Panasonic's high-def DVD camcorder impresses, but its lack of storage capacity is a worry.
In the skies above Sydney, CNET.com.au was given a hands-on sneak peak at Panasonic's new high-definition DVD camcorder, the AU$2,119 HDC-DX1. Sporting three 1/4-inch CCD sensors behind a Leica Dicomar 12x zoom lens, it is due to arrive in Australian shops in mid-March.
Equipped with optical image stabilisation -- as opposed to digital image stabilisation, which blurs and softens video in order to reduce the effects of hand shake -- the HDC-DX1 performed well at wider angles, delivering relatively shake-free pans and sweeps of Sydney's harbour and coastline. Unfortunately, we haven't yet had a chance to view our handiwork on anything but the camera's three-inch LCD. We did, however, view some handheld footage on a HD TV, shot by professional photographer Peter Eastway, which was impressively sharp and shake-free.
The camera's major controls were easy to handle and the menu system was simple and responsive. Unfortunately, the Panasonic lacked shooting priority -- so, if we were in the menu system we had to exit out before we could begin recording.
Given our brief time with the camera, we didn't get to test many of the HDC-DX1's features, such as its five microphone array, which records in 5.1-channel surround sound, or its zoom mic function, where the camera raises and lowers microphone sensitivity in relation to camera zoom.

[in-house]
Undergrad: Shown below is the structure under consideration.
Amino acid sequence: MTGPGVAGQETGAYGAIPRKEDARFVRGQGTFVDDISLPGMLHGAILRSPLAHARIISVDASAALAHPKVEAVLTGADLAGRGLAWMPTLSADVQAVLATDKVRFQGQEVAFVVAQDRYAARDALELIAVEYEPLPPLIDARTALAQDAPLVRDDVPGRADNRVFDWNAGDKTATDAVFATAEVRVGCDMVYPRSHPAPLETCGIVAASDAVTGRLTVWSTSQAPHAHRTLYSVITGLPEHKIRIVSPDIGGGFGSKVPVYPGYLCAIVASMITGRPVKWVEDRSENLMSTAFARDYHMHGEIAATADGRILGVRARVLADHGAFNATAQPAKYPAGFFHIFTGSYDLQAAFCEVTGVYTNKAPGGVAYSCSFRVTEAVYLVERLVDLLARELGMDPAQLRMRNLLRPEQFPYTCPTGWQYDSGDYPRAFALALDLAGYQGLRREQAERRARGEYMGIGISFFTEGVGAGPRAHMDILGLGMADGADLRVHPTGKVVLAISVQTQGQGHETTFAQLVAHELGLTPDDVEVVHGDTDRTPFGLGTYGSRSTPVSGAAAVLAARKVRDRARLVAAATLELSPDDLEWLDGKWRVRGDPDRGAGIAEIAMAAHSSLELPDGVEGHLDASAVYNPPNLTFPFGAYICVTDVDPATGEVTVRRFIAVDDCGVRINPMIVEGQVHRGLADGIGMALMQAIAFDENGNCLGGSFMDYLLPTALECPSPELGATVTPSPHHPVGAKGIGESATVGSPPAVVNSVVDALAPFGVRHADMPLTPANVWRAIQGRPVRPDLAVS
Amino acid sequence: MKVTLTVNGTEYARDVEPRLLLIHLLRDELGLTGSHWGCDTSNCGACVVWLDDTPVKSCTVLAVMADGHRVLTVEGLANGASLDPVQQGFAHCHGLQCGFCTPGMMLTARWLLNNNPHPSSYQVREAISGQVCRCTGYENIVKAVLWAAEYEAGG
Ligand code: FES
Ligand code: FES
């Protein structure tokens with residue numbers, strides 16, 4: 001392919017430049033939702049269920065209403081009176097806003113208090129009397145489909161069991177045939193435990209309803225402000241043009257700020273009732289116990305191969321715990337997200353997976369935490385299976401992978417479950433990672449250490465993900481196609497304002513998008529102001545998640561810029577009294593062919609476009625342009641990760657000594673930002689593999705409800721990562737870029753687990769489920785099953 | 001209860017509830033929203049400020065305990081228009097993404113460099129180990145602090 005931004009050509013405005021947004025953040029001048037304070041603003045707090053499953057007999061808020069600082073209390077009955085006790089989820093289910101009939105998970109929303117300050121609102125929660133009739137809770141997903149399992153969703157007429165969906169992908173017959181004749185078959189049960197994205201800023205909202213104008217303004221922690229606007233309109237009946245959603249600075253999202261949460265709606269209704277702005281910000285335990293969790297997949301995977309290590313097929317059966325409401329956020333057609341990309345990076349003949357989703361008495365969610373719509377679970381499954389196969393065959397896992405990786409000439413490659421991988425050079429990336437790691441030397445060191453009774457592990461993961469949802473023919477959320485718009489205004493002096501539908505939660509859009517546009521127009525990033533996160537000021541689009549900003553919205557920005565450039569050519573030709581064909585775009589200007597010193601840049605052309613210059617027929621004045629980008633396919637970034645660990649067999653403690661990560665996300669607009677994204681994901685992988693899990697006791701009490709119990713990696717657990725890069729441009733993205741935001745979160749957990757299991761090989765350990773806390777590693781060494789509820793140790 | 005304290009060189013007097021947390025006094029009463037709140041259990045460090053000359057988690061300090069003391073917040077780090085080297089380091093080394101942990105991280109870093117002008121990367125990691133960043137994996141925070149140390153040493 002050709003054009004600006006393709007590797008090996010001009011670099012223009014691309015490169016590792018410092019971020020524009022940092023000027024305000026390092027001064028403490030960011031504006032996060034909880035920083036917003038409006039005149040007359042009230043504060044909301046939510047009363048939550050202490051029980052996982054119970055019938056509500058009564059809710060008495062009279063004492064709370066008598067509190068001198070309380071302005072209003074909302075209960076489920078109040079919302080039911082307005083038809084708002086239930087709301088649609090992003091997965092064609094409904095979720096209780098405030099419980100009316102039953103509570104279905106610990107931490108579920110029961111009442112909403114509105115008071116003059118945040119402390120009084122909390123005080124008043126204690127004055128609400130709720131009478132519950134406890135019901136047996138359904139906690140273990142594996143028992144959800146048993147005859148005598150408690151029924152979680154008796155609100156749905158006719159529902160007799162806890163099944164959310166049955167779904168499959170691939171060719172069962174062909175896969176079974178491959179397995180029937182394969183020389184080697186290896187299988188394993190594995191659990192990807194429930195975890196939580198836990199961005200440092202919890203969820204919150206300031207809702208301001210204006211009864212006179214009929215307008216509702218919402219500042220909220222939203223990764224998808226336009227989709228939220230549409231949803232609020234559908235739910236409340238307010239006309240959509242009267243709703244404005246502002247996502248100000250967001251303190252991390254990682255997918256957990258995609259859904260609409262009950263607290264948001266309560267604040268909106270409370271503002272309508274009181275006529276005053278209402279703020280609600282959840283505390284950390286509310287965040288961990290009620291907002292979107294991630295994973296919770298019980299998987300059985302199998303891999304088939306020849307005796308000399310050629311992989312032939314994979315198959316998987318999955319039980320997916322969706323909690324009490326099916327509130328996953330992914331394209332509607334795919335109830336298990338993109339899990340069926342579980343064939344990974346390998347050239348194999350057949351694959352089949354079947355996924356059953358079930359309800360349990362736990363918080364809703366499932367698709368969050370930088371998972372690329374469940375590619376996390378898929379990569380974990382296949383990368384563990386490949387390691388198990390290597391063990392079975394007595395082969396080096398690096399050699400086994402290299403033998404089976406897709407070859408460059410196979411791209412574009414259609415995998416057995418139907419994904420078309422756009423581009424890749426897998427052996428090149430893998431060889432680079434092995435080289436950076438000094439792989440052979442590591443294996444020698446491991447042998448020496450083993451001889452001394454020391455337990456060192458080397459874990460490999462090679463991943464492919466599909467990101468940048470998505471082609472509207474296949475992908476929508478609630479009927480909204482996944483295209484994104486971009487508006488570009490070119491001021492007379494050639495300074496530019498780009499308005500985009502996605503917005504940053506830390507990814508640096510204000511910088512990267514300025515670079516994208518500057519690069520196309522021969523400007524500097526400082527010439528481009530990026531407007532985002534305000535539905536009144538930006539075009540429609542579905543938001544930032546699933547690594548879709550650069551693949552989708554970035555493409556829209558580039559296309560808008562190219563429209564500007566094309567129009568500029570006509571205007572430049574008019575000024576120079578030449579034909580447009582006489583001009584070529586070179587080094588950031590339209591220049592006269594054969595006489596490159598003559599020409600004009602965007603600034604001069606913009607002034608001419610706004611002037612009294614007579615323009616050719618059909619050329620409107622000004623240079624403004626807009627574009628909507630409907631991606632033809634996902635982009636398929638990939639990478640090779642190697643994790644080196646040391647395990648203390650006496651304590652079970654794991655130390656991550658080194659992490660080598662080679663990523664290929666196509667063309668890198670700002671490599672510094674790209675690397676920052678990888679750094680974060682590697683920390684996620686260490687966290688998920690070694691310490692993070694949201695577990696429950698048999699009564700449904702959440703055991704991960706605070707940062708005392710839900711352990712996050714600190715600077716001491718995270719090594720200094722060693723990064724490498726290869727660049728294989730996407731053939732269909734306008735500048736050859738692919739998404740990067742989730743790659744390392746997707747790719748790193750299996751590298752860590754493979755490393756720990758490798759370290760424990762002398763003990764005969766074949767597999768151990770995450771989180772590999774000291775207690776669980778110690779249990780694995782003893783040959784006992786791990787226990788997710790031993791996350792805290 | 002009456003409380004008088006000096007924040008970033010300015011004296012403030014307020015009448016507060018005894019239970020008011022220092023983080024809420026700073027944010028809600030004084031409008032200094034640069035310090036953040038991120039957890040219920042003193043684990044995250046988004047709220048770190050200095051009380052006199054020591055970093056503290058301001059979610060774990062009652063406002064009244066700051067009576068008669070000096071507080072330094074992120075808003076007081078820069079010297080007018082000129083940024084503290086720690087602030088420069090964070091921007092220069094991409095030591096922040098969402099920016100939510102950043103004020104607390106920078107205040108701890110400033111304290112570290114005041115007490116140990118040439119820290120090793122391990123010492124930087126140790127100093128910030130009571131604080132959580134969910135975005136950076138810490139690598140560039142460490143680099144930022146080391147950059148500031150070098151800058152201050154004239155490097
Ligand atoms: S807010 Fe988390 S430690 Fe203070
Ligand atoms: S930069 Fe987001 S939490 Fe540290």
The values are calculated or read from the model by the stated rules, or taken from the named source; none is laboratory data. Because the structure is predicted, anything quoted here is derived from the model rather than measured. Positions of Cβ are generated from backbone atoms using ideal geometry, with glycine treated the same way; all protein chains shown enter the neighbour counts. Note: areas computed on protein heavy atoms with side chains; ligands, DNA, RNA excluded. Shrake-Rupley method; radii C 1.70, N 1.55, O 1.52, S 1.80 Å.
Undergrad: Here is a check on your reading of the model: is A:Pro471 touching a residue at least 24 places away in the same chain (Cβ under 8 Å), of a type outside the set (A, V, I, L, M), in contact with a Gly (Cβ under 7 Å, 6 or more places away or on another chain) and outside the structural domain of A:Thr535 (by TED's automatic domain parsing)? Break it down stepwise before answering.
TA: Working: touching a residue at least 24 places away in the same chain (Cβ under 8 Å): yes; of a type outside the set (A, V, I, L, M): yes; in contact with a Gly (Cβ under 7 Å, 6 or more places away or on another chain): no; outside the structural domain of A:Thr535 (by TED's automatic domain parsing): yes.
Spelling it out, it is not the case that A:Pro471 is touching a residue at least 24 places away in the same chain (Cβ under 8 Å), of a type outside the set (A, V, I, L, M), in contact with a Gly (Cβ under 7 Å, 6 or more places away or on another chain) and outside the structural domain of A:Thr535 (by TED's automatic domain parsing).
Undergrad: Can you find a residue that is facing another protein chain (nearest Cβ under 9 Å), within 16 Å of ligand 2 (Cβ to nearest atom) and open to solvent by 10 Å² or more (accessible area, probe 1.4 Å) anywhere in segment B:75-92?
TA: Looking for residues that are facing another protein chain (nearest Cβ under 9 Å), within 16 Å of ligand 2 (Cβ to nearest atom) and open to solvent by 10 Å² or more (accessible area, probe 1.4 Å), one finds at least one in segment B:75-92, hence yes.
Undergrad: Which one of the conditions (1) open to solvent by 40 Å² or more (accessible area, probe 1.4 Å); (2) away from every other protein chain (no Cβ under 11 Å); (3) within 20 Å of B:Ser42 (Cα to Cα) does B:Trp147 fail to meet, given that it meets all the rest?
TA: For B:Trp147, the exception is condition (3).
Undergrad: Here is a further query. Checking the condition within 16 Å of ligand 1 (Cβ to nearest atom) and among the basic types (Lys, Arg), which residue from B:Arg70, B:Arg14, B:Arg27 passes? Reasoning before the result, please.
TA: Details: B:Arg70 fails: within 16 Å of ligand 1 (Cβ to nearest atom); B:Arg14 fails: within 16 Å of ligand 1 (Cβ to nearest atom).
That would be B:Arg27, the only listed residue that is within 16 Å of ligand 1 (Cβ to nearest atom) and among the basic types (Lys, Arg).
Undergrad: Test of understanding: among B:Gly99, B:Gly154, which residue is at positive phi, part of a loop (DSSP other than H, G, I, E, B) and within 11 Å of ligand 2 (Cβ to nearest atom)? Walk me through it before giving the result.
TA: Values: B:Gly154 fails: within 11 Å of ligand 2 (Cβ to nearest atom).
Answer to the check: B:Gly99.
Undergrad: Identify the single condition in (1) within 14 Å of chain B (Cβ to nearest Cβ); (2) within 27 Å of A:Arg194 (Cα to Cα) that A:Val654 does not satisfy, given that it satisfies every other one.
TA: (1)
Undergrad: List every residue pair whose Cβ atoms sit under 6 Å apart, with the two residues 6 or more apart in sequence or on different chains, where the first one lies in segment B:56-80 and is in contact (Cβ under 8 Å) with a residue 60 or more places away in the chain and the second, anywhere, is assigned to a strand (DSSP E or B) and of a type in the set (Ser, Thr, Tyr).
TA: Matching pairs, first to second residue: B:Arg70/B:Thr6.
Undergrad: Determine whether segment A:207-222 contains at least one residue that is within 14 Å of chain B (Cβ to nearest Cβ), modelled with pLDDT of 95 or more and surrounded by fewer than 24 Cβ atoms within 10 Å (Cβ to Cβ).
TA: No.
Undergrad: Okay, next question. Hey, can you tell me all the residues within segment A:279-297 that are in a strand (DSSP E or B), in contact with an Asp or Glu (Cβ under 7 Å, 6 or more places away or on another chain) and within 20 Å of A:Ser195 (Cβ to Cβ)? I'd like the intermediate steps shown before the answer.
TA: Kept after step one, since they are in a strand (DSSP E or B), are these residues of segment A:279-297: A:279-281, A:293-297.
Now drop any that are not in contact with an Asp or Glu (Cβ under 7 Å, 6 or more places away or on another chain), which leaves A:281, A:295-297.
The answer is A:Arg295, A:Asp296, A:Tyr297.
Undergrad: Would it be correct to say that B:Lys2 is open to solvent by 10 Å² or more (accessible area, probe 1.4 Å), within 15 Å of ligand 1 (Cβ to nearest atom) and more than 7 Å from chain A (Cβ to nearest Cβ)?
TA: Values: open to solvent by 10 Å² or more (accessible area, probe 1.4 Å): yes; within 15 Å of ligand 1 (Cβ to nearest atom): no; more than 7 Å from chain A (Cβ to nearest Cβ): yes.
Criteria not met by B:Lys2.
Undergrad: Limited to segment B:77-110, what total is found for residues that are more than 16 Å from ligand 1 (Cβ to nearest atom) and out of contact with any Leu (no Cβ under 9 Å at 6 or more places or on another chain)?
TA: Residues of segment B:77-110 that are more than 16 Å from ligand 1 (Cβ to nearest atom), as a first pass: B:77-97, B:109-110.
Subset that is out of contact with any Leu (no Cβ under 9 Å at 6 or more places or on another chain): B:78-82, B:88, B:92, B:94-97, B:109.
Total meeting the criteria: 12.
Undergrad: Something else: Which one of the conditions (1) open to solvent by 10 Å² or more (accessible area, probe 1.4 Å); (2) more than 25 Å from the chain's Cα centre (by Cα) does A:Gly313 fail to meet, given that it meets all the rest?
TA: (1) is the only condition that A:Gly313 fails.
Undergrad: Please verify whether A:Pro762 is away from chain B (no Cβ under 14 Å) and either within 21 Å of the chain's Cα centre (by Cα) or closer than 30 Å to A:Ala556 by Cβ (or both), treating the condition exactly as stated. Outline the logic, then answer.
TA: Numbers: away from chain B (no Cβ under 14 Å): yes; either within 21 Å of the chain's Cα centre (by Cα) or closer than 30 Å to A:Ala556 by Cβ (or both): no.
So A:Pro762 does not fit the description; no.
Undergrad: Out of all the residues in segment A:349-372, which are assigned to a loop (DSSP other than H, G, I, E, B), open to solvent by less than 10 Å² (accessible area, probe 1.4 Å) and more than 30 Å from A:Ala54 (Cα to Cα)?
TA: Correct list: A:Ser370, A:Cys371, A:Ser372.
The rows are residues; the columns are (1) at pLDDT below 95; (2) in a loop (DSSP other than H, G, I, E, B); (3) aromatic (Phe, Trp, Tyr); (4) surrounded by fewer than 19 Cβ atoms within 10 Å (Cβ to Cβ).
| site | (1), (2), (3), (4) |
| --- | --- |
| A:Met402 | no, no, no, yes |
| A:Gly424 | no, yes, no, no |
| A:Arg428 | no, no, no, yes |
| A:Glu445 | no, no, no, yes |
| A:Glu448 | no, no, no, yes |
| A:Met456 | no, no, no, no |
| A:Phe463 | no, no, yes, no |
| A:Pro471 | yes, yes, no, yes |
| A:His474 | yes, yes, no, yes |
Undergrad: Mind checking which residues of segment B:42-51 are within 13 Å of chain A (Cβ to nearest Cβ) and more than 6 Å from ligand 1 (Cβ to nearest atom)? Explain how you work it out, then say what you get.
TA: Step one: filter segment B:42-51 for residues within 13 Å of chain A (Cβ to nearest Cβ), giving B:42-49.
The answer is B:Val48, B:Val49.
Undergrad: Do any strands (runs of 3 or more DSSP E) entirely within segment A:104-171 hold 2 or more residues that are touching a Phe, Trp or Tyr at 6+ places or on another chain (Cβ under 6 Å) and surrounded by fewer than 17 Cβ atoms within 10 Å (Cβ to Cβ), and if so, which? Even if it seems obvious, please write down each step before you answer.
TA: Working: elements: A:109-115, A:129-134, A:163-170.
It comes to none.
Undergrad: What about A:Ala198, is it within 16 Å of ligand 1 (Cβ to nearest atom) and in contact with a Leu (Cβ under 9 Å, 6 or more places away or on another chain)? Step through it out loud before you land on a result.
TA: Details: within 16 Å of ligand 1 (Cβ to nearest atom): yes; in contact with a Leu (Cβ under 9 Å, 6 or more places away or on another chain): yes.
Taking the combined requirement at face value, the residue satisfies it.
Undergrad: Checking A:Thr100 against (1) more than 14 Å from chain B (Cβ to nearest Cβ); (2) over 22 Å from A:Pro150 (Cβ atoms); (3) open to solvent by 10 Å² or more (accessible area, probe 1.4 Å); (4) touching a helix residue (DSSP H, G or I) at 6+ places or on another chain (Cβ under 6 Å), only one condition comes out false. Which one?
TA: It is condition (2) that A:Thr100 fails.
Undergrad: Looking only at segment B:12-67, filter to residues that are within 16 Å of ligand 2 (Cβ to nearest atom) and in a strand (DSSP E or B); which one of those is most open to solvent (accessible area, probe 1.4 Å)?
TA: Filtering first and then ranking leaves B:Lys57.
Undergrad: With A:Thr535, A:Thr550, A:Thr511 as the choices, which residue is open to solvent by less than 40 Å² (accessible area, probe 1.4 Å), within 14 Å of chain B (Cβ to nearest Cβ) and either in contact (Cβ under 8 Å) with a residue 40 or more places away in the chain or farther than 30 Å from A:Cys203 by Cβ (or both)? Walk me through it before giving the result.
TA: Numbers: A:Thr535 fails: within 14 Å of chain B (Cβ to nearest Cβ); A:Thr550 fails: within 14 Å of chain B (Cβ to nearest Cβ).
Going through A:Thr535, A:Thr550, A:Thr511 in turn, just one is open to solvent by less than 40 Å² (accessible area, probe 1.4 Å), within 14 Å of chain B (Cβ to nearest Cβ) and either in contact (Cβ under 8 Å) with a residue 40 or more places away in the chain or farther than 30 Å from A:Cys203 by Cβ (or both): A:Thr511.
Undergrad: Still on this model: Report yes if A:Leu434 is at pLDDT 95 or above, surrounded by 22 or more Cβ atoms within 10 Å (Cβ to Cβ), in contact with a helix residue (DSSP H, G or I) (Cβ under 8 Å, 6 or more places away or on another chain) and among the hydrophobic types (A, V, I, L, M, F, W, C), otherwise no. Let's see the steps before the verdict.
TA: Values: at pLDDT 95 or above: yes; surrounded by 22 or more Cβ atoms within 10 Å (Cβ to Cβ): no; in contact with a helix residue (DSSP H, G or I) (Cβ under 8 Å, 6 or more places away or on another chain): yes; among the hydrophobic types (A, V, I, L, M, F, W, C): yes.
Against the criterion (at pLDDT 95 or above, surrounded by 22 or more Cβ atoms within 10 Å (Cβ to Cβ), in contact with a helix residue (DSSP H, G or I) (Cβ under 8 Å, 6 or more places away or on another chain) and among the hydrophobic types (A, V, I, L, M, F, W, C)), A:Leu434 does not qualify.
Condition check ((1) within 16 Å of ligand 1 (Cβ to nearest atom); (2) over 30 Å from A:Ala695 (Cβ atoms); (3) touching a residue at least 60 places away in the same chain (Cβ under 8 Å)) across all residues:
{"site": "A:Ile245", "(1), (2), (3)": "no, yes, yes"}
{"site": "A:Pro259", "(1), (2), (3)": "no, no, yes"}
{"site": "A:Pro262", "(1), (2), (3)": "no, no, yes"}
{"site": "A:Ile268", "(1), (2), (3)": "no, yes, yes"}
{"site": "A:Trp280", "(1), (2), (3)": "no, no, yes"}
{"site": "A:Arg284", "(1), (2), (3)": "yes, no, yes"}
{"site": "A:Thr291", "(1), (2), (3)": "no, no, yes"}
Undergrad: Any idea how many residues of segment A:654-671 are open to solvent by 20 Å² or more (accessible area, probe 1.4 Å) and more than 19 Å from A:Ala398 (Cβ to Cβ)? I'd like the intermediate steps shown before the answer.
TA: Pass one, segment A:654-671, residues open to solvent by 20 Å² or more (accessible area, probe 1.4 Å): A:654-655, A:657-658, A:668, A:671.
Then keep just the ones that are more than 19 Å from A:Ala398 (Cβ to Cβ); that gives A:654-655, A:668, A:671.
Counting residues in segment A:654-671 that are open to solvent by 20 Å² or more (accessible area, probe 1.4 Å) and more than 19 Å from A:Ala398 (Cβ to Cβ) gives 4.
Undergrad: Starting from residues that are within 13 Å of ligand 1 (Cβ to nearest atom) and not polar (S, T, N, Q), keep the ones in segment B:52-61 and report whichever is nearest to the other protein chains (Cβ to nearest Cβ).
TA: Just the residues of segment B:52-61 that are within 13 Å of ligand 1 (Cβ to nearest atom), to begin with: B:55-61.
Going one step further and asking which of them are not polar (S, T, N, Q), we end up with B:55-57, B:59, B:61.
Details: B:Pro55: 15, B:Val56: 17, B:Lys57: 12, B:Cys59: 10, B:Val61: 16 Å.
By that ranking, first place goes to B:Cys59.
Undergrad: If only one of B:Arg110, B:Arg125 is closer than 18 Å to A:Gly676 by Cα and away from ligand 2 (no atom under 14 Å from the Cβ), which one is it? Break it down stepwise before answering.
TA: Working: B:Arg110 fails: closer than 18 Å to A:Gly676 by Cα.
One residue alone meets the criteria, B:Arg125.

The problem with DVD camcorders, especially high-definition ones, is the limited storage capacity. If you plan on recording a lot of footage -- say, you're going on holiday or shooting your kid's birthday party -- you'd better stock up on rewriteable 8cm DVDs because at "standard quality" we managed to fit a mere 21 minutes on one side of a DVD-RAM disc.
Additionally, the HDC-DX1 suffers from a slow start-up time -- 10 seconds or more in most situations we encountered -- which lead to several good shooting opportunities being missed. Panasonic claims that the HDC-DX1's sister model, the AU$2,499 HDC-SD1 which records to SD and SDHC cards, has a start-up time closer to one or two seconds.
While there are definite attractions to shooting in high-definition, we would only recommend it if you have, or are in the process of buying, an HD TV set and a high-def DVD player (either HD-DVD or BluRay). Until you upgrade these components, shooting in HD is a bit of a waste.
And as impressive as our first impressions of the Panasonic HDC-DX1 were, we are a little wary of the limited storage capacity offered by 8cm DVDs. The upcoming high-definition hard-drive models from other manufacturers or the HDC-SD1, along with some high capacity SDHC cards, are probably better bets.